Centenarian misses playing keyboard at churches, events

Margaret Park Sheedy, a Columbia native who moved to Charleston in 1939, turned 100 on Tuesday. She remains active and is hoping after eye surgery to return to playing keyboard for Our Lady of Good Counsel Church on Folly Beach.

At 100, Margaret Park Sheedy is hoping to get back to her lifelong avocation.

Born Feb. 15, 1911, she turned 100 on Tuesday. The spry, active centenarian has a vivid memory, and while she enjoys volunteer work and social activities, she greatly misses playing the piano and organ for local churches.

An eye ailment that made it difficult for her to read music forced her to step away from the keyboard several years ago. "It broke my heart to have to stop," said Sheedy, a Columbia native who moved to downtown Charleston when she married in 1939. She is hoping to have corrective surgery.

Sheedy has tickled the ivories for school classes and graduations and churches since she was a teen growing up in the Midlands. Most recently, she played for Our lady of Good Counsel on Folly Beach and earlier for the Cathedral of St. John the Baptist on Broad Street. She played for school plays, dancing classes and graduations in both Charleston and Columbia.

She's worked as a kindergarten teacher, kindergarten manager and gift shop operator, but she feels her most fulfilling role is making music.

In Sheedy's youth, Southerners "would sit on their porches in the afternoon and swing and talk." Back then, she said, people really got to know their neighbors. "You have no neighbors anymore. No one knows each other," said the mom of three, grandmother of seven and great-grandmother of six.

A University of South Carolina graduate in music, Sheedy remembers hand-crank telephones and train travel "through the wilderness" between Columbia and Charleston." The USC campus was small, and the annual football game with Clemson was played on "Big Thursday" at the State Fair.

Columbia was a lot like Charleston in those days, and Main Street was speckled with candy stores and dress shops. "You met all your friends on Main Street, and you'd drink a Coca-Cola with them and splurge, and have a good time."

So much has changed, she laments. "It's quite different now, nothing like it was. Children have so much now that nothing is a treat. I know nothing about the computer, and I don't want to know."

Sheedy is one of five children born to Joe and Agnes Park. They had a pony at home, but after the family acquired eight cars, creating parking havoc, the pony was retired to the country. Sheedy said she was just 14 when she was given a Ford Roadster. She didn't have a license yet. "I think I was driving before I got it (the license), but who hasn't."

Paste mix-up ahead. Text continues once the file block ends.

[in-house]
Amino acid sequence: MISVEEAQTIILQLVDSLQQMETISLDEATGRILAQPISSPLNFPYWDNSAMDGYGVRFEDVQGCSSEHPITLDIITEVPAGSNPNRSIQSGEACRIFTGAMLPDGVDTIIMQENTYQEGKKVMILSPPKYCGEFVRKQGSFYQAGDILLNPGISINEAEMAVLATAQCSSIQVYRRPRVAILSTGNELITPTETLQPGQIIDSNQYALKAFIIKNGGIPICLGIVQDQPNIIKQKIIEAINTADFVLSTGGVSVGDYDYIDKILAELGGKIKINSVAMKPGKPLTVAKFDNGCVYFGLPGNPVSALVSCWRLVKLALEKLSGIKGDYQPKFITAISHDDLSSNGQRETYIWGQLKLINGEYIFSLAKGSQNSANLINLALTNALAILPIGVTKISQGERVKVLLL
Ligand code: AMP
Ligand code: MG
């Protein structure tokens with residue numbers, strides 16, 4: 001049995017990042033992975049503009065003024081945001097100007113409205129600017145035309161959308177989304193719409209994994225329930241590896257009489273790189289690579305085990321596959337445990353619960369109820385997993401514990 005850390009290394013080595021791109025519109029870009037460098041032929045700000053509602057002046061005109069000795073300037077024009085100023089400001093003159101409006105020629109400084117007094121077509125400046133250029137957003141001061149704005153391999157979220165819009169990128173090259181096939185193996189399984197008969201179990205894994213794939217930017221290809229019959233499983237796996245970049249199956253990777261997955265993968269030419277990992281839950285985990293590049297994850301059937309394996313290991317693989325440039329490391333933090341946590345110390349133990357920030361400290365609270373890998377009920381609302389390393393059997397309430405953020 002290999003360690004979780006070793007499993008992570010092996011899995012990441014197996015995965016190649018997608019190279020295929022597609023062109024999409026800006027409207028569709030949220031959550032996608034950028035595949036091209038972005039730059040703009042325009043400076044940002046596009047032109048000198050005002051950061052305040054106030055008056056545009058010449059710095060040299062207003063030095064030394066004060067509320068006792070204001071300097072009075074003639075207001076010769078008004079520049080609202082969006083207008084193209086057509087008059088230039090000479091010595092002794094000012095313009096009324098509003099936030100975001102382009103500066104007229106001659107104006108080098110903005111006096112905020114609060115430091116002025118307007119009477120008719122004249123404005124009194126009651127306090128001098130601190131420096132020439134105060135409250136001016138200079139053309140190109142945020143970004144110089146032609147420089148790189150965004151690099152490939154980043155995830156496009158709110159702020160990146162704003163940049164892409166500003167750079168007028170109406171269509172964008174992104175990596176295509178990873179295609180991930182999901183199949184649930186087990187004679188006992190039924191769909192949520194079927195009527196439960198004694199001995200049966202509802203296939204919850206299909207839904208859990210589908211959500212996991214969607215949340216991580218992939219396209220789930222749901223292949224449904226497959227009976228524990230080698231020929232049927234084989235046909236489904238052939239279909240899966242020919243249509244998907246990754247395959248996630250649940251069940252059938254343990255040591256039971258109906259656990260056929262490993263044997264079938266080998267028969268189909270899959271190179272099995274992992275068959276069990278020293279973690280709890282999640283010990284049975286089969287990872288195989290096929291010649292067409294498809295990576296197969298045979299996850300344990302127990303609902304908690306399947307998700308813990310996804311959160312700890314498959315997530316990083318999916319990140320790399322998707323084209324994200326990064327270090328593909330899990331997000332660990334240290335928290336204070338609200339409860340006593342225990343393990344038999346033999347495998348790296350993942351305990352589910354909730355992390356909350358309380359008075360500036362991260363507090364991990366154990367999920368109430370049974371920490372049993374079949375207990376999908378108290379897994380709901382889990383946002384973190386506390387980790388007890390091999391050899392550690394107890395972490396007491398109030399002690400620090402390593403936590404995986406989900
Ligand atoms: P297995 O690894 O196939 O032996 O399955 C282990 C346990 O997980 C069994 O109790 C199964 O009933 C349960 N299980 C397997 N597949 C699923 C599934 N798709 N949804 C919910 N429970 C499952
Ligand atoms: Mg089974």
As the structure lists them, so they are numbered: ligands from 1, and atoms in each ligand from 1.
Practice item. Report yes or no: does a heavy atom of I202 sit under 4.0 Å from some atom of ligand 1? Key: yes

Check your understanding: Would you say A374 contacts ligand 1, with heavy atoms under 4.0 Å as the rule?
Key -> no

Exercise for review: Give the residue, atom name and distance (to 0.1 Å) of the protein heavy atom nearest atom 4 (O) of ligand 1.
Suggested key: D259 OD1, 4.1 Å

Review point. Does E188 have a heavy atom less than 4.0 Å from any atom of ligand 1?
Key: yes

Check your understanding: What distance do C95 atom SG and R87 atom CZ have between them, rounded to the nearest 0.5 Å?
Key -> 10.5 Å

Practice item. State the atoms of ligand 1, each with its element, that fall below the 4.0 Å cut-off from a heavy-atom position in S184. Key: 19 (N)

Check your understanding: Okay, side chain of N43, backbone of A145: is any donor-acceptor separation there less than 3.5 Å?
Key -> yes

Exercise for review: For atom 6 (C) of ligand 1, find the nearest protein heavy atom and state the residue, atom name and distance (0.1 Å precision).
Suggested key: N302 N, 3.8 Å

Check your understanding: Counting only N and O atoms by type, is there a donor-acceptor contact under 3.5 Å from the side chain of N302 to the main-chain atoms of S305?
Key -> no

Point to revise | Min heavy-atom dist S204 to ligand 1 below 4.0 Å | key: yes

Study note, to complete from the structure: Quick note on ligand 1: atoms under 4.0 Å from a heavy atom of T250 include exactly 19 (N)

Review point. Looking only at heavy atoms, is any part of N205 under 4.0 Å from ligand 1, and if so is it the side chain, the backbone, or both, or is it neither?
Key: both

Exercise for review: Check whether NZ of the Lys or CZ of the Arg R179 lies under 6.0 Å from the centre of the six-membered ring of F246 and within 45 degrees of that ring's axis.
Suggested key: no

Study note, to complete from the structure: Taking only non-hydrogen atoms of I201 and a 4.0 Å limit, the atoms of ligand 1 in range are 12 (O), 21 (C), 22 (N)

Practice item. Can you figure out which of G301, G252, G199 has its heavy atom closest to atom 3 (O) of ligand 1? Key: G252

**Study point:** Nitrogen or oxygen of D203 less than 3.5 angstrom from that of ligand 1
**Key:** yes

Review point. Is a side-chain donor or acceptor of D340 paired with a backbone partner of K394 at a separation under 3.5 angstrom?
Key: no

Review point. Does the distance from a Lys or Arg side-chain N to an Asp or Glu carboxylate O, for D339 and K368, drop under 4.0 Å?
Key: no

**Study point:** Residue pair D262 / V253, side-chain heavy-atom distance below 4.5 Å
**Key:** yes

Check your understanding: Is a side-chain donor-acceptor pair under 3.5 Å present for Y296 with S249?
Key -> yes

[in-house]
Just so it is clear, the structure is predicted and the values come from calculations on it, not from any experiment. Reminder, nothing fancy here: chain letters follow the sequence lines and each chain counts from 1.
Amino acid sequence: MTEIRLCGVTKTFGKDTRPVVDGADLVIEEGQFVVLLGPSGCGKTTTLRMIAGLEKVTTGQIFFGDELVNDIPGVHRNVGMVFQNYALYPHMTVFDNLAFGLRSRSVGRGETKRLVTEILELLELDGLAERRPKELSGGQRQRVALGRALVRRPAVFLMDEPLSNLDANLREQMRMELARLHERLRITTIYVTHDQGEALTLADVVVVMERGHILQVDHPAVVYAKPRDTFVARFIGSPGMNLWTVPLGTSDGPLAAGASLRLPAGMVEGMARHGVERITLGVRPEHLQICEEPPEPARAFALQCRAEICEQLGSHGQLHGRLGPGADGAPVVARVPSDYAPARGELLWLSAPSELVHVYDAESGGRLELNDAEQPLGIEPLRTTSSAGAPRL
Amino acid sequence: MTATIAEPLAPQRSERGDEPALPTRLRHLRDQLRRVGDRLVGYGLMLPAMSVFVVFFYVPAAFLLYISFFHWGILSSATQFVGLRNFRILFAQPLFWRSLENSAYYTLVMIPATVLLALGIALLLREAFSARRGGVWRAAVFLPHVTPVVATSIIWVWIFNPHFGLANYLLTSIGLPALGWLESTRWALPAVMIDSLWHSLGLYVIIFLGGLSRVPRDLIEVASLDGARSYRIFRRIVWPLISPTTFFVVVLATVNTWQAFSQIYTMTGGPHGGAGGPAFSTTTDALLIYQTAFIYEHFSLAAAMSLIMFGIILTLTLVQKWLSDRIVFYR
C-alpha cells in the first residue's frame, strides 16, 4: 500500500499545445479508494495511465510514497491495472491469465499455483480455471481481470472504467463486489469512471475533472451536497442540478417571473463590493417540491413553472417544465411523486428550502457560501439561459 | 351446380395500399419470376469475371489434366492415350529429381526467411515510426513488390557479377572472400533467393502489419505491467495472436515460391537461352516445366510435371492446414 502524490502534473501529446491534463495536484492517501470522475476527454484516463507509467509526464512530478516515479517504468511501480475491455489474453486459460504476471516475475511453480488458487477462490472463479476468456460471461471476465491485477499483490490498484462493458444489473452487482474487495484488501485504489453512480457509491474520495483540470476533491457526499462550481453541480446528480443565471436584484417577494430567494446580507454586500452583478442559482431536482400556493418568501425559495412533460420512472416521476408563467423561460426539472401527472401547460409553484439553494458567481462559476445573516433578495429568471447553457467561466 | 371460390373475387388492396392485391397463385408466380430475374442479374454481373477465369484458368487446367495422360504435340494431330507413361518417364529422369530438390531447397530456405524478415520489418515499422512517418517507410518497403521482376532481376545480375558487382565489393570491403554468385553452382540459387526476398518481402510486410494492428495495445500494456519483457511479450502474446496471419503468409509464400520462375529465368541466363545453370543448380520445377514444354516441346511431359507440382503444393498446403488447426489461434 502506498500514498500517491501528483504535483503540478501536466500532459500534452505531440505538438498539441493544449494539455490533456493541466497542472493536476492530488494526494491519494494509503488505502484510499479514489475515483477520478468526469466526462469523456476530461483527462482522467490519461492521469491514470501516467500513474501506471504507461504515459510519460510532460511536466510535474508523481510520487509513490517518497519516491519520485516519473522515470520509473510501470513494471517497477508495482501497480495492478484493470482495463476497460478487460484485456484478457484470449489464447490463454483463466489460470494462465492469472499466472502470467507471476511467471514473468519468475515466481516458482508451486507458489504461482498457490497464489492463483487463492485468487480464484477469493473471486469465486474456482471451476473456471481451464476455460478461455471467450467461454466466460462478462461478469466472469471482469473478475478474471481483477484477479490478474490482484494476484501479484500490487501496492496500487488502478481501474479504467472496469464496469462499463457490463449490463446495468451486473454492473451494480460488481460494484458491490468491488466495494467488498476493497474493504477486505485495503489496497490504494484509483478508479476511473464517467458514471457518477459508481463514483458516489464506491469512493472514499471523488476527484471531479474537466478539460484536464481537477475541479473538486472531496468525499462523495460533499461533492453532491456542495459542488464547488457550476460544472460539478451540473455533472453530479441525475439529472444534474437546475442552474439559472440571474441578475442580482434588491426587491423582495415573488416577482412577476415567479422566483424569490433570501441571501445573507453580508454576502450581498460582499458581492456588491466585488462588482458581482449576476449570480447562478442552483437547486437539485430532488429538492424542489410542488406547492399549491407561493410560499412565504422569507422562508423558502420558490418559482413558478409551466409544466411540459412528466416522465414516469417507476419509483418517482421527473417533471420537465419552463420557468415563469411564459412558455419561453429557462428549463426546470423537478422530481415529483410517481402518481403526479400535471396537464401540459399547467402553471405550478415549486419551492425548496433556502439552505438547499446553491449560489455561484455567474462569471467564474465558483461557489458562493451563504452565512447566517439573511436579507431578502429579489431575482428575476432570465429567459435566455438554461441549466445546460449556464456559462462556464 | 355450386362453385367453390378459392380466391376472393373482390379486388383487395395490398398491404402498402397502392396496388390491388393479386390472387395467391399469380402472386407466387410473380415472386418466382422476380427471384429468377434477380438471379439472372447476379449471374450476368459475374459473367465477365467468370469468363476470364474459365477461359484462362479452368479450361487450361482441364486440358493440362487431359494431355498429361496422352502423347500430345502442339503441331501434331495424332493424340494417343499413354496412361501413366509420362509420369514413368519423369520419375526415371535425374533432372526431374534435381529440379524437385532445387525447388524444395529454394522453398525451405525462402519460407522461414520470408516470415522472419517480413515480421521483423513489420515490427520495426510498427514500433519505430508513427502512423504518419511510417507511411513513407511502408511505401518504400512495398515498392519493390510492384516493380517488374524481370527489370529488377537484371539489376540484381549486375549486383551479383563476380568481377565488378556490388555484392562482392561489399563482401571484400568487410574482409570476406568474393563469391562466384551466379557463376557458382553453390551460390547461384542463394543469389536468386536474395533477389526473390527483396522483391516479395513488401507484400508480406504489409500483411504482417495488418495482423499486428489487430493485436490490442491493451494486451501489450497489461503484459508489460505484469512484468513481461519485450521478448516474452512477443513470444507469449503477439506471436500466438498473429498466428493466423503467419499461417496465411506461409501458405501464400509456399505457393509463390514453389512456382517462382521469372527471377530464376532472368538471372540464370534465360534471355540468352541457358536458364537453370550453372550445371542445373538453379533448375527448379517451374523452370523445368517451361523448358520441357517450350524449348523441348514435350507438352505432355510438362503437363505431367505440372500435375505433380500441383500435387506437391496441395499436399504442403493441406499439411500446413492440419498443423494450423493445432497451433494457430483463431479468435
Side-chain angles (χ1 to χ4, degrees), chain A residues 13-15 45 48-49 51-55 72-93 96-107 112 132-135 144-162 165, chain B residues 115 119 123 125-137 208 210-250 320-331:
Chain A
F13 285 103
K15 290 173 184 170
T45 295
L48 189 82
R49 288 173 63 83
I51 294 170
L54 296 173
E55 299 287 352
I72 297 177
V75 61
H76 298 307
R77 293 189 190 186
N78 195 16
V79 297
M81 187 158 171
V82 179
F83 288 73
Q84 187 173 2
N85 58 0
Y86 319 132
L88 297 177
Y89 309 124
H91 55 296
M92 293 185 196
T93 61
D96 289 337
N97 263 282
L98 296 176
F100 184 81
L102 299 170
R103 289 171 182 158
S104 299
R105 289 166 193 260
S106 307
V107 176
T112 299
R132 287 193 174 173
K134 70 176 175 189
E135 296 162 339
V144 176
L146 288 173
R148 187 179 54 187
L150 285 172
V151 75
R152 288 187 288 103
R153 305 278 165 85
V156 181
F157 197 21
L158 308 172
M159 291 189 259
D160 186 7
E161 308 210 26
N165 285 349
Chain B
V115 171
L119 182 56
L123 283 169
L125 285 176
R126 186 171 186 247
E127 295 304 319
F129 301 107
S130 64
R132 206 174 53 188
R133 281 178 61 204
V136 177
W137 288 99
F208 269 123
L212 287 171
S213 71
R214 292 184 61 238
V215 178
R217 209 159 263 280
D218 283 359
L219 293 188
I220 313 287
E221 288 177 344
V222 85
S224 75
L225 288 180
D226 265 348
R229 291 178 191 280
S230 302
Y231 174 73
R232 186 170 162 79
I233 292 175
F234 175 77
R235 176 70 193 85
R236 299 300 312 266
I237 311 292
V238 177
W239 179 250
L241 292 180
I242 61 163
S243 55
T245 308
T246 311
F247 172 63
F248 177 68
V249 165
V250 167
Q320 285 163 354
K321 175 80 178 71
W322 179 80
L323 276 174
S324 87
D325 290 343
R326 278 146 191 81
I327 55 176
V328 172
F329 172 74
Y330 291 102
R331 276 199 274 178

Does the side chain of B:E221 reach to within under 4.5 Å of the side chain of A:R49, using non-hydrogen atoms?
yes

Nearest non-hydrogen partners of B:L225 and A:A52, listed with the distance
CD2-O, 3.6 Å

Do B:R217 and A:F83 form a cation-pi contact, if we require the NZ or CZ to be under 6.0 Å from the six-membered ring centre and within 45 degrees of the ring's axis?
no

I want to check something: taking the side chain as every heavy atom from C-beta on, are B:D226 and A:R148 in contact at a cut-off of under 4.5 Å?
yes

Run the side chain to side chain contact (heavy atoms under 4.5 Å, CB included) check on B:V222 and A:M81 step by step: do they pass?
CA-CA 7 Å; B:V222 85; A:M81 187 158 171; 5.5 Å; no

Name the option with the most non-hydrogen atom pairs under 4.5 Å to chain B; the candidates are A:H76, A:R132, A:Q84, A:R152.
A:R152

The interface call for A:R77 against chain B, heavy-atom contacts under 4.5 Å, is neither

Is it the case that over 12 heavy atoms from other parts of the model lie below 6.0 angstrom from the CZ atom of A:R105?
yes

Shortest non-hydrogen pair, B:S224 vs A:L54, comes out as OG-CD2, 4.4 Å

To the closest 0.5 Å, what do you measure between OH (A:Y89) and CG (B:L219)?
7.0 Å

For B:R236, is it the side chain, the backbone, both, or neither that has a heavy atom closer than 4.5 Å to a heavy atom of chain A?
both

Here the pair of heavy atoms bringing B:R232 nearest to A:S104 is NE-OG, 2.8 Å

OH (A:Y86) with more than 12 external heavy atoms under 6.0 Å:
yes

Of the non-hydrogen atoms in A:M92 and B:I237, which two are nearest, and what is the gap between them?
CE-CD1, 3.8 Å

It was a big deal, she said, when the family got a radio. "We would sit, Dad in his comfortable chair, and country music would come on, and it was really enjoyable," she recalled.

"Having a radio was a luxury, but there were not many choices" of what you could listen to, she said.

Sheedy met her husband, John, at church in Columbia. He was an auditor for the Fort Sumter Hotel in Charleston, and after their wedding, they lived on Church Street, then Queen Street.

She said a friend gave her this advice before she moved to Charleston: "Always carry yourself nicely. The blinds are always closed, but people are always peeping through the blinds. And when you go to King Street, always wear a hat."

She said her husband one day brought home one of the first televisions. "We were just amazed. All the children sat on the floor and watched Milton Berle and ate popcorn," she said.

TV has gone downhill these days, she says. "Now you are punching buttons all the time trying to find something decent."

She recalls that after Hurricane Gracie in 1959, there was no electricity at home for a week and boats traveled on flooded Queen Street.

And Sheedy remembers her first drive across the old, two-lane Grace Memorial Bridge. "I just looked straight ahead. I wouldn't look down or away."

Sheedy has recently surrendered her car keys. "The doctor told me I better stop driving," she said.

She never had an X-ray until she was in her 80s and received her first antibiotic in her 90s. She said she can't explain why she's in such good health for her age, but noted: "I can't stand water. I drink tea and sodas, but I never cared for water, even as a child."

But it is a benefit to "enjoy life, be happy, enjoy your friends and keep busy," she advised.